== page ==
Mum brought me into world —now she needs me
WE’VE publicised many of Sam Mellish’s powerful pictures over the past couple of years – snowboarders doing twists, teenagers on charitable expeditions to India for Raleigh International, and a celebration of Britain’s traditional roadside cafes – but his latest project cuts right into our living-rooms. Commissioned by Age UK, the photographs give an insight into the reality of isolated older people caring for loved ones.
Age UK wanted to create a photographic exhibition to make them visible to the MPs making decisions about the care system; to local authorities contemplating taking away what little support is available; and to the public who might be able to help a neighbour in need.
Invisible but Invaluable, as it’s known, is supported by “Oxo mum” actress Lynda Bellingham, who has contributed a photograph of her late mother to the exhibition.
“Although many older carers find caring rewarding and see it as an expression of their love for the person they care for, they also tell us that they feel invisible and undervalued,” says the charity, the newish amalgam of Age Concern and Help the Aged. “Many are stressed and exhausted. They need financial, practical and emotional support.
“This exhibition makes older carers visible and tells their stories.” There are six case studies, scattered around the country in places such as Birmingham, Oxfordshire, Waltham Forest and Leeds. “It asks for everyone’s support, and especially that of local and national government, to make sure that they get the recognition they so richly deserve.”
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Lynda Bellingham says: “My mother, Ruth, had Alzheimer’s. My father, Donald, looked after her for several years.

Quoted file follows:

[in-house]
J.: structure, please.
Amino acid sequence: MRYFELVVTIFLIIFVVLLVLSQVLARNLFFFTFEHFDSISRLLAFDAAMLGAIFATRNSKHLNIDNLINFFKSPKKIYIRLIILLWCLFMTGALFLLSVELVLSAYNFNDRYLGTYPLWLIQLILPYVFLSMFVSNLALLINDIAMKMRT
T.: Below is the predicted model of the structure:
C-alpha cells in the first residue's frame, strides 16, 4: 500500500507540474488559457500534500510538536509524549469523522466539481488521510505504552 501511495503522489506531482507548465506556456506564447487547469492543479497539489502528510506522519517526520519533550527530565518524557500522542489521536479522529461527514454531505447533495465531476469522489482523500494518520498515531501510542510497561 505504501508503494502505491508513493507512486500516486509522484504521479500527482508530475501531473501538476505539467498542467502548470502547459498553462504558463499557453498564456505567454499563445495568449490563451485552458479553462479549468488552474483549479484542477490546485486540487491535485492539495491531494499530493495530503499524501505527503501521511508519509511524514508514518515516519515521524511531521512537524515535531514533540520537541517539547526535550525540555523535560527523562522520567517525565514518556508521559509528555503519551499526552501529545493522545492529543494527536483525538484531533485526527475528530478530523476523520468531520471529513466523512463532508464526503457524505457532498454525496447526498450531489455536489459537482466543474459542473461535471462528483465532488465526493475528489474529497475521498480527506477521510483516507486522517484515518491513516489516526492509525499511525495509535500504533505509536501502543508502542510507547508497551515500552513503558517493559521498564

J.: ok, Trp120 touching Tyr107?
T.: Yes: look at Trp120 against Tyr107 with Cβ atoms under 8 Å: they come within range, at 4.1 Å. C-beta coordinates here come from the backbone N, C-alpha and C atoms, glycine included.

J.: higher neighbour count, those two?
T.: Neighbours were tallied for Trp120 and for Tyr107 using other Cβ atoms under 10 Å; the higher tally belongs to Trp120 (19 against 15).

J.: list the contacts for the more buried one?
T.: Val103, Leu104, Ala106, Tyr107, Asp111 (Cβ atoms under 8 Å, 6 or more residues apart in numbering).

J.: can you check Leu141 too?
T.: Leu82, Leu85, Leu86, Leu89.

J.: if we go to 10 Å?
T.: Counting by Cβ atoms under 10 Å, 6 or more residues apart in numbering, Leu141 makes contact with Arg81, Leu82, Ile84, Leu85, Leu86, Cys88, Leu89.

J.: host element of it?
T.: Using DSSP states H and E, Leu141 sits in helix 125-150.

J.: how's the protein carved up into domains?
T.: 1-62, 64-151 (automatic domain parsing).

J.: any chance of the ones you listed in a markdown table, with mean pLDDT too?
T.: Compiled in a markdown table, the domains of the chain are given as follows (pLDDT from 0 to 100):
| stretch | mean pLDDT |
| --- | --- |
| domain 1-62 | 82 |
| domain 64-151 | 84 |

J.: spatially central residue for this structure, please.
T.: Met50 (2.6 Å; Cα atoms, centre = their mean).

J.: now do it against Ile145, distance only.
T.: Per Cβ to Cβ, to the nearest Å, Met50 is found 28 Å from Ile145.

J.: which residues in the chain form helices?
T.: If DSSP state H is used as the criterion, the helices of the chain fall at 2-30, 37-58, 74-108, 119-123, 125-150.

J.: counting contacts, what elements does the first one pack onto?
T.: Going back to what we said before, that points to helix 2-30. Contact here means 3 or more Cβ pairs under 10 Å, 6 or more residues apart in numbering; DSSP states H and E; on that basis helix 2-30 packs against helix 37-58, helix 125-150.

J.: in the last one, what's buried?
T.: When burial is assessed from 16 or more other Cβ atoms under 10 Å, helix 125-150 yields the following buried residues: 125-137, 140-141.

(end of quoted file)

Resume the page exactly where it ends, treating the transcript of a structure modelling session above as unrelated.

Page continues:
“They were both in their seventies. He was a farmer but he had an accident and went from being a very fit to not so fit older man. He found it very difficult to cope. We tried to find some respite for her. Unfortunately, she went into one home where she fell and broke her hip, so she then became completely immobile. The whole situation then quickly degenerated.
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“Dementia care is such a different form of caring. You have to make the person feel secure. The paid carers did their best but they were practical people and would ask mum questions and that panicked her.
“The emotional strain on my father was immense. It’s not like seeing anything getting any better. My sister bore the brunt of the caring. I would go down for a week to give my sister a break and solely concentrate on my mother. A week is nothing but it made me conscious of how important respite is.
“When mum went in the home dad was heartbroken. Again I would go down for a week to be with him. We would go over old times. It was important for my father to have those memories and talk to somebody because you lose your sense of identity when you are a carer.
“I consider it an honour to represent the ‘invisible’. You recognise me, now recognise them.”
Sam, who lives in Ipswich and hails from Capel St Mary, landed the commission as a happy consequence of previous photographic work for Breast Cancer Campaign, found the subjects’ lives hard but their stories and devotion essentially heartwarming.
He has some knowledge, from his own family, about the kind of sacrifices people make to look after those they love.
“I can certainly relate it to what my mum did for her foster dad and what my dad has done for his mum. My nan has now actually gone into a home, but my dad had been looking after her a lot. She’d fall over in the night he would go to Manningtree to help her. My mum was always off to Southend regularly to look after the man who’d looked after her when she was young – and then there she was, doing the same for him when he was frail.”
Sam, who in 2008 was awarded an MA by the University of Westminster, found he had to use different techniques to much of his other photographic work.
“It was quite difficult in respect of you kind of entering their lives, which were often tough and the carers were usually very tired. But just us being there, and giving both the carer and the person they were looking after a bit of attention, it seemed really uplifting for them. We were only there for 45 minutes a lot of the time, but they seemed to warm to it really well, so that was fun.